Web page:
Stack Overflow is a community of 4.7 million programmers, just like you, helping each other.

Join them; it only takes a minute:

Sign up
Join the Stack Overflow community to:
  1. Ask programming questions
  2. Answer and help your peers
  3. Get recognized for your expertise

I have a form that lets users select checks, and when submitted, creates a PDF, which opens in a new browser tab. It doesn't have any branding, and will probably open in a plugin anyway, so I don't want it taking over my site's tab. So I set the form's target to _blank.

But it's possible for the user to submit the form without enough information to create the PDF, in which case I flag the error (server-side) and re-render the form. But because I set the form's target, this re-render opens in a new tab as well, and that's not what I want - in this case, I want it to behave as if target were _top.

So the question is: Can I change the browser's rendering target server-side?

Yes, I know that this can be done with client-side JavaScript, but JS annoys me, and I have to do the validation server-side anyway. I may end up having to use it, but please don't suggest it as an answer - I'm more curious if what I'm attempting can even be done.

PS: I'm on Ruby on Rails 2.3.8, in case anyone knows a framework-specific solution.

share|improve this question
up vote 0 down vote accepted

No. This is a purely client-specific feature. As a matter of fact, it's quite possible to get a browser that supports only one window and where the target attribute would have simply no effect. There were even efforts to make this attribute disappear from future HTML standards completely (for instance, the XHTML branch had no such attribute).

The only overlap that I can think of between HTML and HTTP are the <meta http-equiv> tags (where HTML can affect otherwise HTTP-controlled behavior). HTTP is a transfer protocol, designed to work with about just any kind of data. Letting it control presentation would be a pretty terrible mix of concerns.

Fortunately, we live in a JavaScript-enabled world. It is rather easy to validate a form using an AJAX request, especially with libraries like jQuery.

For instance, this script performs a POST request to an URL (in this case, /pdf/validate) and expects the page to send back "ok" (if everything's good) or something else if there was an error.

<form method="post" action="/pdf/send" id="pdf-form">
    <!-- form stuff here -->
</form>

<script type="text/javascript" src="jquery.js"></script>
<script type="text/javascript">
$(document).ready(function()
{
    // set to true if we are to bypass the check
    // this will happen once we've confirmed the parameters are okay
    var programmaticSubmit = false;

    // attach an event handler for when the form is submitted
    // this allows us to perform our own checks beforehand; we'll do so by
    // cancelling the event the user triggered, and do the submit ourselves if
    // we detect no error
    $('#pdf-form').submit(function(event)
    {
        if (!programmaticSubmit)
        {
            // first off, cancel the event
            event.preventDefault();

            // do an AJAX request to /pdf/validate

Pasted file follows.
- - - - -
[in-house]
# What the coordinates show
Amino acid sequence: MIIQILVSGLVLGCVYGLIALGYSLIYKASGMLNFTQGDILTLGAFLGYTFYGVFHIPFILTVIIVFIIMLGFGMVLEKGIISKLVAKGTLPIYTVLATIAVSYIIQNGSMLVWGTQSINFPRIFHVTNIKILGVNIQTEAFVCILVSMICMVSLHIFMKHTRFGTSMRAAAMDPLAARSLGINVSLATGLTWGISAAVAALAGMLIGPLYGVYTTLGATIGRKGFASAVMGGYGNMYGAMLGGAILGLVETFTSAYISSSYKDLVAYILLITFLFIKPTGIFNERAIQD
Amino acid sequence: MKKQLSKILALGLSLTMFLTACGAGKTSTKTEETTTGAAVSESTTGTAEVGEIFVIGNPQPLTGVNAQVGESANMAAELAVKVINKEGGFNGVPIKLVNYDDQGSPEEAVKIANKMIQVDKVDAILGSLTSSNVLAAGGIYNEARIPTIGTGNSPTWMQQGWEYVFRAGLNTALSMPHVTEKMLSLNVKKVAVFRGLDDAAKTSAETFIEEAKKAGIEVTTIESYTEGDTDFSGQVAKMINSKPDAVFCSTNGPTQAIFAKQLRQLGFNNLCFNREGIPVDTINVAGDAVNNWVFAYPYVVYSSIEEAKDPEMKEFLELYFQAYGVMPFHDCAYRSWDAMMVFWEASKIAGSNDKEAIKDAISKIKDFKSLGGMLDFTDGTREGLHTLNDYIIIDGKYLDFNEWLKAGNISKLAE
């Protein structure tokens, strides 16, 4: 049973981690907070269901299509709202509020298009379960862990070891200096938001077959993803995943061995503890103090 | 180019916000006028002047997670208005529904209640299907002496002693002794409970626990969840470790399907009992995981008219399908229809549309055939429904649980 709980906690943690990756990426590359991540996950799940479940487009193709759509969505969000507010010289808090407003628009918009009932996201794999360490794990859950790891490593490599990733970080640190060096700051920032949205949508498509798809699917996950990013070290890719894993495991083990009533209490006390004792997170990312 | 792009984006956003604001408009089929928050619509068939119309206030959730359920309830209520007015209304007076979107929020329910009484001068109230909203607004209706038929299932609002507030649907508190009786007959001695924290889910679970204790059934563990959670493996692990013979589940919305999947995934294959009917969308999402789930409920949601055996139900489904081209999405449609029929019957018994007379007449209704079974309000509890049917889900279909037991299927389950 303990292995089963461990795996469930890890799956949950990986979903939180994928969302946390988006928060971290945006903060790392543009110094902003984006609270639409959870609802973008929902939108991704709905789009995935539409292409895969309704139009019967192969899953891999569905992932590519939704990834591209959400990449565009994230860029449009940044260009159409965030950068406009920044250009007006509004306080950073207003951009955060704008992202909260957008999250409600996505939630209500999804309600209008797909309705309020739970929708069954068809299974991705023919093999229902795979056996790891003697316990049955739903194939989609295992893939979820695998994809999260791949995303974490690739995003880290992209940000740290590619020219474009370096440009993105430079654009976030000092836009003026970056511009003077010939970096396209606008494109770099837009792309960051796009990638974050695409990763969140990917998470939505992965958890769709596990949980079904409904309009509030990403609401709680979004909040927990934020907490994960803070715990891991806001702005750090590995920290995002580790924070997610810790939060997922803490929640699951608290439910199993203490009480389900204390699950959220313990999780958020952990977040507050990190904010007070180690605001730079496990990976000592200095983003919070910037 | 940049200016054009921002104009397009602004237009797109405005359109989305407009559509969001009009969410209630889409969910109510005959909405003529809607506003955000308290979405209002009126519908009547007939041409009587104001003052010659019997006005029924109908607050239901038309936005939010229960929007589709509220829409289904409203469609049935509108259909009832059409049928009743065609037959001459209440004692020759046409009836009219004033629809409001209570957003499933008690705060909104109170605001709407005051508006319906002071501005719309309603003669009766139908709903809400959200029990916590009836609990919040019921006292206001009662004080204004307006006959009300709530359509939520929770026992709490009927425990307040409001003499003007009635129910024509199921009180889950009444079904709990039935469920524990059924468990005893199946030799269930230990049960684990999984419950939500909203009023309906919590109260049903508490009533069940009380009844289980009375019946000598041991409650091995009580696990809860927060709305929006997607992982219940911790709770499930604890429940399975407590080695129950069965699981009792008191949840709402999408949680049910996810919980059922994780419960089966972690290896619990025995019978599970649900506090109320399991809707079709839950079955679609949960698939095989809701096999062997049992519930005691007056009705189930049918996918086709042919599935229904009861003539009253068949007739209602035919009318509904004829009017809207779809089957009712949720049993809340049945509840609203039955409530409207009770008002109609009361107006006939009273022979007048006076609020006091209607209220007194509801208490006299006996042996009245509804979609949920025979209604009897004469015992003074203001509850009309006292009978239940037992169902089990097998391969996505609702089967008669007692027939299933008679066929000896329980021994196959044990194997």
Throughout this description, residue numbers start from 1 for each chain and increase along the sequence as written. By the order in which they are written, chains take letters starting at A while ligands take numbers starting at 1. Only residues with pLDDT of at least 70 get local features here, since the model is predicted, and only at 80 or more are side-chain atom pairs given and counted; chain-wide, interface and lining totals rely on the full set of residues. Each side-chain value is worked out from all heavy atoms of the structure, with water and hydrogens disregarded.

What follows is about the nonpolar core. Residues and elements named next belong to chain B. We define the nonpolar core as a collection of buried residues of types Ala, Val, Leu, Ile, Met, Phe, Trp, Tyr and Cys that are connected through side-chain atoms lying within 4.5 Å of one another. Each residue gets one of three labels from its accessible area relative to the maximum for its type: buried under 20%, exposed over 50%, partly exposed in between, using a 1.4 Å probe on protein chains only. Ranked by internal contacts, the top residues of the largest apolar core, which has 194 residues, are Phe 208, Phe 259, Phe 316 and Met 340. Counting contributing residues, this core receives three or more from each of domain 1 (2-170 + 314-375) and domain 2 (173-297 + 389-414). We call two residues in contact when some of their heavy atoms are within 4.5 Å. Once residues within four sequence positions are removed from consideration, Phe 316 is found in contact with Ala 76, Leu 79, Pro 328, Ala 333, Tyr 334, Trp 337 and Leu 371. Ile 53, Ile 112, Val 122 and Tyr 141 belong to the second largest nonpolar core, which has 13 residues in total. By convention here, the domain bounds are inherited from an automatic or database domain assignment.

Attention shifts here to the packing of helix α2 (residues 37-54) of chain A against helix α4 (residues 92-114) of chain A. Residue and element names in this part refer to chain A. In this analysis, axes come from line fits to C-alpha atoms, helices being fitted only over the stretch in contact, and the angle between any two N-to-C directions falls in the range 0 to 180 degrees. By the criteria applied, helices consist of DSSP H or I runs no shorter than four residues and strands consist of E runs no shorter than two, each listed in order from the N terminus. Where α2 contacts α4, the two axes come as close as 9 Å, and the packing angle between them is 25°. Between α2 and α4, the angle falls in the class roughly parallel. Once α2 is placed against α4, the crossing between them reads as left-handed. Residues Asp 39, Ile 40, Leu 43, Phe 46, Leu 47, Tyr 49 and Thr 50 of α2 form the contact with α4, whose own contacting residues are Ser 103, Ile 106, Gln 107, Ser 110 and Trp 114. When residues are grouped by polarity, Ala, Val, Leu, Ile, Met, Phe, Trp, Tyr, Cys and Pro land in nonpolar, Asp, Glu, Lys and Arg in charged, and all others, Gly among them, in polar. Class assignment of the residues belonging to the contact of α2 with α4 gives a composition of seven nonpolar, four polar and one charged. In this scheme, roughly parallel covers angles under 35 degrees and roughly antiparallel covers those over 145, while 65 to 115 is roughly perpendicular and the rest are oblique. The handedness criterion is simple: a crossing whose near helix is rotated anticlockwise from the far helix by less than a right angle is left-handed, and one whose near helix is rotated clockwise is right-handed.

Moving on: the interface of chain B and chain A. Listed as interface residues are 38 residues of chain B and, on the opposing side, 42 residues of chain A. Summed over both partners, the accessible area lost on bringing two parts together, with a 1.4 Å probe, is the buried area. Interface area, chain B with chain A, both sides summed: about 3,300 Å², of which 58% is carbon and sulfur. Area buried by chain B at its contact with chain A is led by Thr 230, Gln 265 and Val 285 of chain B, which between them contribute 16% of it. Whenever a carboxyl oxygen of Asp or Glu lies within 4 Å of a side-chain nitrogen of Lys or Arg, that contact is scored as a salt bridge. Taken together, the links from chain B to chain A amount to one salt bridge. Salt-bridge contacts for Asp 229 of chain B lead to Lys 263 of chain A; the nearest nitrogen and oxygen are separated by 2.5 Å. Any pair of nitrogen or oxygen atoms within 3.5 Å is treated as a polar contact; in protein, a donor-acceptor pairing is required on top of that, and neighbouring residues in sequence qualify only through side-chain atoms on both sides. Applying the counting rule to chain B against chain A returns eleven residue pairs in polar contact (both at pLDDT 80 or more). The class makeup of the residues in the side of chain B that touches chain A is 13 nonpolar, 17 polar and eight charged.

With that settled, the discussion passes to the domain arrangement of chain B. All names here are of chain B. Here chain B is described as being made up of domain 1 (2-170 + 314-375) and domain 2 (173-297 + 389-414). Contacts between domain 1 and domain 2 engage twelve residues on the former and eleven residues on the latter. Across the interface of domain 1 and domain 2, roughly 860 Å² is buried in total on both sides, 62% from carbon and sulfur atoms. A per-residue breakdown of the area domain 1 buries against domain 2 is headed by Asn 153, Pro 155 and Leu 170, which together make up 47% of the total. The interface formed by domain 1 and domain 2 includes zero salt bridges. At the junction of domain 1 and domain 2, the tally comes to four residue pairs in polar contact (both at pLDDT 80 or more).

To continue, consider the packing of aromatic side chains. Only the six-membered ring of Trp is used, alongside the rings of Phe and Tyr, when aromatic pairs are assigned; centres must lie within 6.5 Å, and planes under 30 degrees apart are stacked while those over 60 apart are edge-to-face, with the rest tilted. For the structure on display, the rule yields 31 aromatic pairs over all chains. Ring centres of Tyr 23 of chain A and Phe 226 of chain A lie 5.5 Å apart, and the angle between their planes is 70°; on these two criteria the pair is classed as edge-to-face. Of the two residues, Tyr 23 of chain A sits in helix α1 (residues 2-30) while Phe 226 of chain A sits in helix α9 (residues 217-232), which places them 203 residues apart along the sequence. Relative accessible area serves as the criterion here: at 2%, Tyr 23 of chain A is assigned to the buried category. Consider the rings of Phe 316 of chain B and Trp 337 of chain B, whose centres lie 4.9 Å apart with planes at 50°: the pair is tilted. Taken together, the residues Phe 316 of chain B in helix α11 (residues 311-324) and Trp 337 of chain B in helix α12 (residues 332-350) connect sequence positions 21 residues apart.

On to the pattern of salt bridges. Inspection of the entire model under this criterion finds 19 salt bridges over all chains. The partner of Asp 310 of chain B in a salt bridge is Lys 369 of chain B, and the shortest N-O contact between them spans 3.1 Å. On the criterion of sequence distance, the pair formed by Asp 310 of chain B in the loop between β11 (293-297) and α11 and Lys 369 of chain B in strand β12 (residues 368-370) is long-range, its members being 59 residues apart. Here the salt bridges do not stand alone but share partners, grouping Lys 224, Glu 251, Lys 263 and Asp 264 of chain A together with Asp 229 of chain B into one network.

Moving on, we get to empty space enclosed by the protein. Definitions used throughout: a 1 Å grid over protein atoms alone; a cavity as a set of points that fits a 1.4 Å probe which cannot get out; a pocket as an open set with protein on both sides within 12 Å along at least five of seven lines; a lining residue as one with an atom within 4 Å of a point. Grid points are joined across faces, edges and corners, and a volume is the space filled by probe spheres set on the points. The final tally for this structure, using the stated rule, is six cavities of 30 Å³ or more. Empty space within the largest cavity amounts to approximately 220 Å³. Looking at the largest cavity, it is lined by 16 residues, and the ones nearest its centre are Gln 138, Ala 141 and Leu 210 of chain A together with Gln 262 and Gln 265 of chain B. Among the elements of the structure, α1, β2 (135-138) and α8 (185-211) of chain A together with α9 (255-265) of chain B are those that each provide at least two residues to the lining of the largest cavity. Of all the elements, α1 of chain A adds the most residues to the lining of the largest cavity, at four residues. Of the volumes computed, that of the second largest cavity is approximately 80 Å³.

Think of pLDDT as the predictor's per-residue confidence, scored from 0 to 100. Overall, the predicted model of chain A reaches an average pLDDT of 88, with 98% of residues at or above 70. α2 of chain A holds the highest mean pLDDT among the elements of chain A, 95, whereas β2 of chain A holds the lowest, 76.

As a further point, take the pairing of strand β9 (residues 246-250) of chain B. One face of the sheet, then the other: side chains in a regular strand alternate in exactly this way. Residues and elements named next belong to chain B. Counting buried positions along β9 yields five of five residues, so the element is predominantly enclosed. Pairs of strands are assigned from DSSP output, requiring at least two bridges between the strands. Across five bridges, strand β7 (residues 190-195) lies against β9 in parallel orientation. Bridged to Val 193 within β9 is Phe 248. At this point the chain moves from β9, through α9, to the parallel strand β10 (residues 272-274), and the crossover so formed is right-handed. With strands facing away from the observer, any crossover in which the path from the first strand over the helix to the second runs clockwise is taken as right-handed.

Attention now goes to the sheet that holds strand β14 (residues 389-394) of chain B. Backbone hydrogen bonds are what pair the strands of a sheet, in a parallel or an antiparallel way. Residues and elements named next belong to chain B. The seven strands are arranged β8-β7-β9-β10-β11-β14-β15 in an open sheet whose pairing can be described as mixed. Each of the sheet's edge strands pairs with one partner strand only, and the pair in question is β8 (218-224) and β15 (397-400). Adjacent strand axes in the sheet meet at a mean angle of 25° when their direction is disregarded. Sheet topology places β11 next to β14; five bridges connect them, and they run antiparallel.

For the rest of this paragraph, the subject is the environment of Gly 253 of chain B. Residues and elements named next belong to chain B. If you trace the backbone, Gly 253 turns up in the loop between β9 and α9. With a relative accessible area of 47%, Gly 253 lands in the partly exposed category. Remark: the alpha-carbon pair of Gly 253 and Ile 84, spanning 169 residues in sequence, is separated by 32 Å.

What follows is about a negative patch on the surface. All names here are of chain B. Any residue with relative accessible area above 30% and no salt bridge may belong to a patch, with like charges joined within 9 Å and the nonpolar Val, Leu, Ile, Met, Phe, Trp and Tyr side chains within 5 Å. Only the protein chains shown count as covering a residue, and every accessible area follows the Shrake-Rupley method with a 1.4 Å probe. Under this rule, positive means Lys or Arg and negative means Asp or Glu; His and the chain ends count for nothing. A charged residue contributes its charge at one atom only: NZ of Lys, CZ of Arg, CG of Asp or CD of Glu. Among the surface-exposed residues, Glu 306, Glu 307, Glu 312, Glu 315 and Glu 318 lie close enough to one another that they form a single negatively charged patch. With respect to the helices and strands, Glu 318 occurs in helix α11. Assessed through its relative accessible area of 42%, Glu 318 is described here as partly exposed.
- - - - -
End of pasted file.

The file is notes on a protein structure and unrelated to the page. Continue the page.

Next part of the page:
$.ajax("/pdf/validate", {
                type: "POST",
                data: $(this).serialize(),  // send the form data as POST data
                success: function(result)
                {
                    // this gets called if the HTTP request did not end
                    // abnormally (i.e. no 4xx or 5xx status);
                    // you may also want to specify an "error" function to
                    // handle such cases
                    if (result == "ok")
                    {
                        // since the server says the data is okay, we trigger
                        // the event again by ourselves, but bypassing the
                        // checks this time
                        programmaticSubmit = true;
                        $(this).submit();
                    }
                    else // something went wrong! somehow display the error
                        alert(result);
                }
            });
        }
    });
});
</script>
share|improve this answer
    
JavaScript it is, then. I did eventually find an alleged Window-Target HTTP header, but documentation was virtually non-existent, and Firefox ignored it... I'll probably end up using something very much like your JS - thanks! – Xavier Holt Mar 31 '11 at 0:43
    
@Xavier Holt Never heard about that one! Must be yet another MS-specific undocumented extension. – zneak Mar 31 '11 at 2:15
    
I hadn't either - I stumbled across it while looking at those <meta http-equiv> tags you mentioned. There's one other reputable-looking source that mentions it here, but all they have to say about it is: "Specifies the named window of the current page; can be used to stop a page appearing in a frame with many (not all) browsers." No idea what actually supports (supported?) it... – Xavier Holt Mar 31 '11 at 3:17

A workaround on this problem would be to use the content-disposition header on the pdf, in order to force the file to be downloaded, and avoid the whole "target" approach..

Content-type: application/pdf

Content-Disposition: attachment; filename="downloaded.pdf"
share|improve this answer
    
I wish I could, but the guy who's doing my requirements lists is in love with his Adobe Acrobat plugin (shudder)... Upvote for the ideal answer, but it won't work for me. Cheers! – Xavier Holt Mar 31 '11 at 0:09

Your Answer

 
discard

By posting your answer, you agree to the privacy policy and terms of service.

Not the answer you're looking for? Browse other questions tagged or ask your own question.